A very large crude carrier at a terminal in Ningbo-Zhoushan port in Zhejiang province, China. VLCCs have a dead weight tonnage, or cargo carrying capacity, of up to 2,50,000 tons. Picture: REUTERS
A very large crude carrier at a terminal in Ningbo-Zhoushan port in Zhejiang province, China. VLCCs have a dead weight tonnage, or cargo carrying capacity, of up to 2,50,000 tons. Picture: REUTERS

London — Crude in London surged towards $85 a barrel as the global energy crunch boosts demand for oil ahead of winter.

Brent futures rose as much as 2.7% to the highest level since October 2018. Prices of coal and natural gas have surged in Europe and Asia with stockpiles running low before the northern hemisphere winter, prompting some switching to oil products such as diesel and fuel oil.

It is quickly tightening the market as the Organisation of Petroleum Exporting Countries (Opec) and its allies are sticking with their plan to only gradually roll back production cuts.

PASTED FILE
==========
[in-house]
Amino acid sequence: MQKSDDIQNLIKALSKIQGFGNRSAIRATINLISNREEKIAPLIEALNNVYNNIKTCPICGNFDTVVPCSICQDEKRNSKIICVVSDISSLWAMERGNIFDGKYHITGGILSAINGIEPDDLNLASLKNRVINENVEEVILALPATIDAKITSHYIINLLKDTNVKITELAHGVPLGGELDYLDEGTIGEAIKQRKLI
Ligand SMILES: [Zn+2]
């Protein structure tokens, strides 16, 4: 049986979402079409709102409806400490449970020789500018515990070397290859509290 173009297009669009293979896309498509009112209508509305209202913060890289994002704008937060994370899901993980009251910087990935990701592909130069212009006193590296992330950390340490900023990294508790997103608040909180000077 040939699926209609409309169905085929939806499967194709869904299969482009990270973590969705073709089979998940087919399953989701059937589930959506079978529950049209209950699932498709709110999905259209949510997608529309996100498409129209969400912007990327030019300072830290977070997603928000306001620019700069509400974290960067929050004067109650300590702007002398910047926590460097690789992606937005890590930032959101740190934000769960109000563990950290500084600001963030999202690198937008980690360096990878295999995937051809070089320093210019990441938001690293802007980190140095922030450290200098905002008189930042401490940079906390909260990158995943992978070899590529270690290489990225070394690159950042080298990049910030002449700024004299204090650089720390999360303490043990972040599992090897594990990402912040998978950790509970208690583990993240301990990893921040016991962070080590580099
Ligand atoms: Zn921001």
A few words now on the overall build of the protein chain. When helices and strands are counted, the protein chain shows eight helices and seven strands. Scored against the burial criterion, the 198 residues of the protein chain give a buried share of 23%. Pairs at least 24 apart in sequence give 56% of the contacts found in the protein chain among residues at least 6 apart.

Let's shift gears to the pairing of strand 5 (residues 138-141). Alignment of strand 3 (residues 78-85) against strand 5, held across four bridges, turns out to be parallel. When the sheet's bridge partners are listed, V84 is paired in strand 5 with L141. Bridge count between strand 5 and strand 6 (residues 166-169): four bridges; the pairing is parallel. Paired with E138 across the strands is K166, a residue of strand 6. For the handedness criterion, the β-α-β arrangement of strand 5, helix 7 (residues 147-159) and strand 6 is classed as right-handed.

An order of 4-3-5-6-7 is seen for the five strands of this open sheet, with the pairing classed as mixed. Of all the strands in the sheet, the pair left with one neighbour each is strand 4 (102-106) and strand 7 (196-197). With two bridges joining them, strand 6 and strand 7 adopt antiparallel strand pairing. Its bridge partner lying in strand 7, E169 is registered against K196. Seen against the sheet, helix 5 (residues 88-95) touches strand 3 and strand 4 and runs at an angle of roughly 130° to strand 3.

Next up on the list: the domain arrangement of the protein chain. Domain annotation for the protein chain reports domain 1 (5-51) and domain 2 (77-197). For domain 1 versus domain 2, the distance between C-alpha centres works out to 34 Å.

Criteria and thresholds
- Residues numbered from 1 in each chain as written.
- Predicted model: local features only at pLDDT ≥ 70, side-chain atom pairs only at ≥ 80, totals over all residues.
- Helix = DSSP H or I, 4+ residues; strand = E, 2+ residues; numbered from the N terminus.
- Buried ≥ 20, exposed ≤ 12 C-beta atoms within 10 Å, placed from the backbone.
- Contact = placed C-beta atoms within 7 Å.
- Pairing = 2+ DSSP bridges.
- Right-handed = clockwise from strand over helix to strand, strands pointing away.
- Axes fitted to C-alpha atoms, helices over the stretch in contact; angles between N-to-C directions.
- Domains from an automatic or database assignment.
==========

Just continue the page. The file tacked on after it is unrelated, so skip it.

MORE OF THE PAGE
The price structure is flashing bullishness, with the difference between New York crude’s front two contracts surging to the widest in more than two years, indicating shrinking stocks in the US storage hub of Cushing.

Global benchmark Brent has risen about 20% since mid-August as the energy crisis has intensified.

Saudi Aramco estimates the gas shortage has already increased oil demand by about 500,000 barrels a day, while Citigroup estimates it could reach about 1-million a day in a bullish case. Citigroup raised its Brent price estimate for this quarter to $85 a barrel, potentially increasing to as high as $90 at times, on “higher demand, lost supply, gas-to-oil switching and price contagion this winter”, according to a report.

Still, there’s a possibility that signs of slowing global growth — partly because of soaring energy prices — will ease some of the demand pressure on crude.

Goldman Sachs cut its forecasts for US expansion in 2021 and 2022, blaming a delayed recovery in consumer spending. The energy crises in China and India may also lead to a slowdown in Asia.

Bloomberg News. More stories like this are available on bloomberg.com

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